New York–Presbyterian Establishes Advisory Council
By Peter Fleischut, MD
It only takes one person to start a ball rolling down a hill. At hospitals, especially teaching hospitals, every member of the house staff (including resident physicians like myself) can be a tremendous engine for change.
That’s why my fellow resident physician, Dr. Adam Evans, and I founded the Housestaff Quality Council (HQC) here at New York–Presbyterian Hospital. It’s one of the nation’s first programs centered exclusively on helping house staff work with hospital leaders to influence, and ultimately improve, the quality of the patient care we deliver.
Because house staff directly provide so much of our care, it makes good sense to empower these individuals and allow them to make a difference in quality and safety efforts.
Even before we formed the council, it was clear that the integration of patient safety and quality into our everyday operations was becoming a very hot topic, and held importance for a lot of our staff and leaders. That, in turn, was driving a trend: A lot of people wanted to become leaders in quality, and it was just a matter of finding them. Creating the HQC allowed us to do that.
When you engage house staff and ask them for their input, you produce a solution that people are more likely to adopt. At New York–Presbyterian, residents, faculty advisors, nurses, pharmacists, and other members of the HQC meet regularly to discuss areas for improvement and map out strategies to effect change. We also work with our leaders to improve institution-wide procedures and policies around things like effective communication, infection prevention, and surgical and prescription safety.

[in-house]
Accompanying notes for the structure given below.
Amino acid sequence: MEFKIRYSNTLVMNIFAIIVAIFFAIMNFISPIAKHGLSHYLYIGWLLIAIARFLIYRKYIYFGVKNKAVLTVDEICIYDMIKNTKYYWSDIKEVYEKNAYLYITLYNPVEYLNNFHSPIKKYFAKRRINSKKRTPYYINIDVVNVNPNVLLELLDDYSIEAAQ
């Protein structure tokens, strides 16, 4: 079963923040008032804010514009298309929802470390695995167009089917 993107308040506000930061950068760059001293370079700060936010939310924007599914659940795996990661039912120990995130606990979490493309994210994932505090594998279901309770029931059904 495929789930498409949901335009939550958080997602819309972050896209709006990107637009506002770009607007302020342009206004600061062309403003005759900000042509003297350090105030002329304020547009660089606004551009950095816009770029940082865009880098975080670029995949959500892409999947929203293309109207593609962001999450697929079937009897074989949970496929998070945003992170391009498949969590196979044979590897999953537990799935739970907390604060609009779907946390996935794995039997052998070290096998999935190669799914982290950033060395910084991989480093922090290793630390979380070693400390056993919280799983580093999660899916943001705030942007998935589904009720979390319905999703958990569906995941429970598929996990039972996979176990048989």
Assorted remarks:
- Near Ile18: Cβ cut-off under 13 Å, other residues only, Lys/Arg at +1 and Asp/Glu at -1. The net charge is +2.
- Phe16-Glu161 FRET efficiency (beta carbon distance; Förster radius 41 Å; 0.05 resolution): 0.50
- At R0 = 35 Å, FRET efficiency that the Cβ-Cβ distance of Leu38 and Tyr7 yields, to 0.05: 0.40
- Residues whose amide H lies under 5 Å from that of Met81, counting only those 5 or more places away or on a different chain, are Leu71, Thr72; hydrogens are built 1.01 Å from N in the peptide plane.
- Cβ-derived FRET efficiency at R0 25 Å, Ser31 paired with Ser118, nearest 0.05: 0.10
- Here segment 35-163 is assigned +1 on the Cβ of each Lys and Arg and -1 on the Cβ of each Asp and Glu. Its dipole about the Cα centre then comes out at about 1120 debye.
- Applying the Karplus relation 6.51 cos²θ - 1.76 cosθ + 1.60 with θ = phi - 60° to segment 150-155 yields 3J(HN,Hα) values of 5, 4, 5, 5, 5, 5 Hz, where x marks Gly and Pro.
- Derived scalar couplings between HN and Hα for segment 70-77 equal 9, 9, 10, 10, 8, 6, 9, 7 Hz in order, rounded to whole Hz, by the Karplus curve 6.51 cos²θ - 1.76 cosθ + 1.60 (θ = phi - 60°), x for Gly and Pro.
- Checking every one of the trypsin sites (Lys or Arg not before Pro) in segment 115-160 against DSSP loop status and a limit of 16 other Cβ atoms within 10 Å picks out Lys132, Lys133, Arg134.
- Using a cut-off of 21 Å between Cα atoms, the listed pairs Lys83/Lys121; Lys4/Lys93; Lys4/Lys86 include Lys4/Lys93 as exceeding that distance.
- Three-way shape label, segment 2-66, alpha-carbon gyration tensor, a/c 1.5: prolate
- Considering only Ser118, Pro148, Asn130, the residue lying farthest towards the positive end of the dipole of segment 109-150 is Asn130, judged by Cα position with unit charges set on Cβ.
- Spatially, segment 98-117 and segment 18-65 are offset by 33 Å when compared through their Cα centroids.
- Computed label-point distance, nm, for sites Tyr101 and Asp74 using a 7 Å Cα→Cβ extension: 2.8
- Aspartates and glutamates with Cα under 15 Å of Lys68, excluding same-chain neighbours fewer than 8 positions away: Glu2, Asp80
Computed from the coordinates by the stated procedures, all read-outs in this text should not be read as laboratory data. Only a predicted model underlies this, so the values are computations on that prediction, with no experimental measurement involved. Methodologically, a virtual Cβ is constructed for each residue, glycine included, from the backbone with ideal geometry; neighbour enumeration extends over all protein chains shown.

For us, the effort started small and gradually grew. We began with one meeting. We got some food in the room. We got people away from their clinical duties, and invited them to come and talk with us about quality and safety challenges. Slowly but surely, we found our allies and grew our membership.
This is just the beginning. Now that we have unlocked the power of our house staff, there is no telling what we can accomplish. We can’t wait to find out what the future holds.
Peter M. Fleischut, MD, is an assistant professor of anesthesiology at Weill Cornell Medical College and a deputy quality and patient safety officer at New York–Presbyterian Hospital. He can be reached at email@example.com.